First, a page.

Tag Archives: Sandman review

The Sandman 6: Fables & Reflections – Neil Gaiman

Fables and Reflections (The Sandman, #6)Fables and Reflections by Neil Gaiman
My rating: 5 of 5 stars

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This is by far, my favorite of all the Sandman books. After the letdown of Book 5: A Game of You, this one fully rewarded me for staying loyal to the Dream arc.

A collection of 8 short stories, Fables & Reflections delights with every single tale. First, in ‘Fear of Falling’ we come up against the all-too-familiar fear of failure and discover where it stems from.

‘Three Septembers and a January’ once again shows us the redeeming qualities of Dream as he snatches a defeated man at his lowest low right from the clutches of Despair with a dream that carries him well past his death.

‘Thermidor’ hints at darker plots but it covers the not-lacking-in-intrigue tale of Johanna Constantine (briefly encountered in ‘Men of Good Fortune’ in Book 2: The Doll’s House).

‘The Hunt’ is another sweet, haunting story recounted as a tale told by an old man to his grand-daughter. This one has the flavour of old folk tales, with magic, fairytale drama with a life lesson at the end.

‘August’ delves deep into an untold secret of Emperor Augustus and the living nightmare that defined his life. This one also uses the narrative style of the above, switching between past and present, but in the style of a memoir rather than folktale.

‘Soft Places’ explores an aspect of the dreaming, the realm of the Sandman through the incredible experience of a young man, later revealed to be the explorer Marco Polo. We also briefly encounter the charming Fiddler’s Green (from Book 2: The Doll’s House).

‘Orpheus’ reveals some part of the mystery of the decapacitated, singing head from ‘Thermidor’. This story is not new to anyone familiar to Greek mythology but what’s novel is it’s anchoring within the universe of the Endless, positioning the doomed lover-poet as Dream’s son by Calliope (from Book 3: Dream Country).

In ‘The Parliament of Rooks’ we meet several characters who briefly appeared in earlier stories. Daniel, the boy born in dreams to Lyta and now-dead Hector Hall (Book 2: The Doll’s House), Cain and Abel (Book 1: Preludes & Nocturnes) join Eve and Matthew the raven for a story-telling session. This tale-within-tale format gives us the truth behind the origin story and what the rooks are really doing together.

And finally ‘Ramadan’ is a beautifully illustrated story of the city of Haroun Al Raschid, so tender that it wrenches your heart. This one is my favorite of all the stories in this book.

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The Sandman 5: A Game of You – Neil Gaiman

The Sandman 5: A Game Of You (Sandman Collected Library)The Sandman 5: A Game Of You by Neil Gaiman
My rating: 1 of 5 stars

<spoiler alert>

This is the first long-form Sandman story that doesn’t break in between for a short, breather tale. It’s a different style from Book 2: The Doll’s House which was probably the last one that was so dark and intense.

A Game of You is a connecting story from the first half to the second half of the Sandman arc. At another, more in-your-face level, it’s a fantasy tale, set in the mind of Barbie (whom we first met in Book 2: The Doll’s House). A mythical land, magical creatures and a mysterious villian called the cuckoo populate this tale. The bizarre side of this tale comes from dreams seeping into the real world with the neighboring geek-girl turning out to be a crusading witch, the loser next door as a spooky agent of the enemy and everyone else just a blind follower in the melee.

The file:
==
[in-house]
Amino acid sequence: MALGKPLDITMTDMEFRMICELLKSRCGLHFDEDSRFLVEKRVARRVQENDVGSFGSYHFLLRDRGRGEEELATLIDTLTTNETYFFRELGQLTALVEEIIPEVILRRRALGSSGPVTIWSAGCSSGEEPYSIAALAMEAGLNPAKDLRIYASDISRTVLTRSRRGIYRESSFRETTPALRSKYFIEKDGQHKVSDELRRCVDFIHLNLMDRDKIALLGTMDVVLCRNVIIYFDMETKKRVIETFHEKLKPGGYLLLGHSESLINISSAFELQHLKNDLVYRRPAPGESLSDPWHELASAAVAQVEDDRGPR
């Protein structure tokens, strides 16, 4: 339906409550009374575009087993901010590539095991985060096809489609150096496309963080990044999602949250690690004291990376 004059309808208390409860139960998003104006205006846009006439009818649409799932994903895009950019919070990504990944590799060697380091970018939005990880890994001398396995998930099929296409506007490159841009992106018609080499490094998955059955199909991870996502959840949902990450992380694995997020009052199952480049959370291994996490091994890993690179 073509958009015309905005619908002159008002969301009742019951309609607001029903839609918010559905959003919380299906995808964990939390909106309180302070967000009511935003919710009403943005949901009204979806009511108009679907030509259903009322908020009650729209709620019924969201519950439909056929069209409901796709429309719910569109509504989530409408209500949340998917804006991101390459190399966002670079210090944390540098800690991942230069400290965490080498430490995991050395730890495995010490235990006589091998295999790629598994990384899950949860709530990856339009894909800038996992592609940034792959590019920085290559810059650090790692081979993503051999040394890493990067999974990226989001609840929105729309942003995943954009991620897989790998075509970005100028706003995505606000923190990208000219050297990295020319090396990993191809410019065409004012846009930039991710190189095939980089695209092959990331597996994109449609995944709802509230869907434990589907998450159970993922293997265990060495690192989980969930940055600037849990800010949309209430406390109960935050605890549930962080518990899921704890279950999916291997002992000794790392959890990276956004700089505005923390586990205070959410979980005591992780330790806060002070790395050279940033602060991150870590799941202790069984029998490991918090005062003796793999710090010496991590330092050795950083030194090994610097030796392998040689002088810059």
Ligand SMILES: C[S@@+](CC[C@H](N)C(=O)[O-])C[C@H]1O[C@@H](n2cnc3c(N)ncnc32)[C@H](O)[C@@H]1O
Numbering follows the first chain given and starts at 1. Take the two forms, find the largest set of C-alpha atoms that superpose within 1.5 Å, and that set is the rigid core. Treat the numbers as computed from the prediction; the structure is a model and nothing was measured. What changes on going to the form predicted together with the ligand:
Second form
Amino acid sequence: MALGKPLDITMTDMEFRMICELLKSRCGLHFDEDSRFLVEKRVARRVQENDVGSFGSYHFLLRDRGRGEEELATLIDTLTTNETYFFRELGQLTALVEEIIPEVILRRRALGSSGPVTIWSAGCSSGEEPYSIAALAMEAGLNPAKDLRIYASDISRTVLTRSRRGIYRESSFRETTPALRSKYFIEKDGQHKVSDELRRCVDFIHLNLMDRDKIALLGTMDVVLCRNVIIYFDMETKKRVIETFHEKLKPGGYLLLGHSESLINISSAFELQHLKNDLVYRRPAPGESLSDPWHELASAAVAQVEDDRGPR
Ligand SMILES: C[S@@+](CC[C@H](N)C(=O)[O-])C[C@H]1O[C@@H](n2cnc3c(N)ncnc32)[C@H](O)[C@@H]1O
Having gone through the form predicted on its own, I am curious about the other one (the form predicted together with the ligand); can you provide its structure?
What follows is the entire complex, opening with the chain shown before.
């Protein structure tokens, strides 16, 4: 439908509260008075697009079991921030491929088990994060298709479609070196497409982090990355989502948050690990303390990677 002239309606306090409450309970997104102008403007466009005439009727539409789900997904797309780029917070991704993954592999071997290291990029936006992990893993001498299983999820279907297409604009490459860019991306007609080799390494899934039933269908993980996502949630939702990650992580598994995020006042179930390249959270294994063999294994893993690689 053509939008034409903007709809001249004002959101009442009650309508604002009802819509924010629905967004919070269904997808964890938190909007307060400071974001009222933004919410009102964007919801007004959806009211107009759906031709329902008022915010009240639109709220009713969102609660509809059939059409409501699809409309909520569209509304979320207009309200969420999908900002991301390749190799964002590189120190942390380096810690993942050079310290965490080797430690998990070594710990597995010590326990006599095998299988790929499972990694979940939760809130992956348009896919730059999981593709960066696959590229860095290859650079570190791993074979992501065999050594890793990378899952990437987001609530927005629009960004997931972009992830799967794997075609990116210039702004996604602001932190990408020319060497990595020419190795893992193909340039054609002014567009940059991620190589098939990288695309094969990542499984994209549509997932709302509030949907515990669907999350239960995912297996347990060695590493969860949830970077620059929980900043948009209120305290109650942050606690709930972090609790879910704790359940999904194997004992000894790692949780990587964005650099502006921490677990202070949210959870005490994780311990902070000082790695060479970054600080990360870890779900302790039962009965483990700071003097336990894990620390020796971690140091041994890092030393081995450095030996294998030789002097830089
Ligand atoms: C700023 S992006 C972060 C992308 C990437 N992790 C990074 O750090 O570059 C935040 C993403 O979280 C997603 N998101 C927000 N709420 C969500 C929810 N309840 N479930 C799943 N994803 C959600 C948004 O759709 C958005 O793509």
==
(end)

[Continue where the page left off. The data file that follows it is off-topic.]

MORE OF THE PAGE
It’s hard to explain why this book falls on the low for me while the other Sandman books vie for top billings. I’m not a huge fantasy fan and in the visual/textual format, it feels too much like a kid cartoon. The story though, is gristly enough to make me feel slightly sick. To top it all, the hard gritty narrative is not even tempered with a shorter, lighter tale as with the other stories.

I didn’t like this book much and on my most of my re-reads of Sandman, I prefer to skip over this tale. Still, it is a part of the Sandman arc and contributes in its own way to it. Characterisation, a strong feature of the Sandman saga, continues here in the form of Thessaly(who got her own standalone story in ‘Thessaly: Witch for Hire‘) and the lesbian couple, Hazel & Foxglove/Donna (who also featured in another breakout story, the very sweet ‘Death: The Time of your life‘).

Read this one, if only because it provides continuity to the next Sandman episode and since it leads the reader into two other great books.

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The Sandman 4: Season of Mists – Neil Gaiman

Season of Mists
by Neil Gaiman
My rating: 4 of 5 stars

<spoiler alert>

The fourth Sandman book is where you get to meet the entire Endless family in one place – or at least the still active ones. Destiny, the eldest, calls for a family conclave. Desire needles Dream about sentencing Nada (from Book 2: The Doll’s House) to hell for declining his proposal. Death, while attempting to pacify Dream, concedes that he has indeed been unfair to Nada. Stung by this, Dream resolves to go to Hell to bring Nada back.

Dream prepares for his destruction in Hell, anticipating that Lucifer would not have forgiven him for the Choronzon episode (from ‘A Hope in Hell’-Book 1:Preludes & Nocturnes). To his surprise, he finds Hell’s gates open to him and furthermore, Lucifer clearing out Hell. The Devil abdicates his role, locks up Hell and hands over to Dream. Left in charge of the most prized real estate in the psychic world, Dream finds himself being alternated propositioned and threatened by the various factions wanting possession.

Once again, a Sandman story performs a double-act with a narrative that entertains and at a meta level, leaves us with a profound idea – In carrying a grudge, we condemn our loved ones and also ourselves to hell. We aren’t condemned to hell; we condemn ourselves to it. The Devil may be no more than a hapless, twisted aspect of ourselves, struggling from patterns and ultimately falling into it again.

As with the second book, this gritty narrative is interspersed with the spooky but oddly cheerful tale of Charles Rowling, a schoolboy murdered in a bizarre boarding school ritual. The story also ties in with the larger theme of hell.

“I think Hell’s something you carry around with you. Not somewhere you go.”

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The Sandman 3: Dream Country – Neil Gaiman

Dream Country
by Neil Gaiman
My rating: 4 of 5 stars

<spoiler alert>

The third Sandman novel is a collection of 4 short stories – 3 featuring Dream and 1 with Death.

‘Calliope’ tells of an imprisoned woman who just happens to be one of the Muses. Her captors are writers who abuse her for their own purposes. The story offers an uncomplimentary look into the writer’s mind and to our world today where ideas and knowledge, instead of being venerated, are stolen and traded like commodities.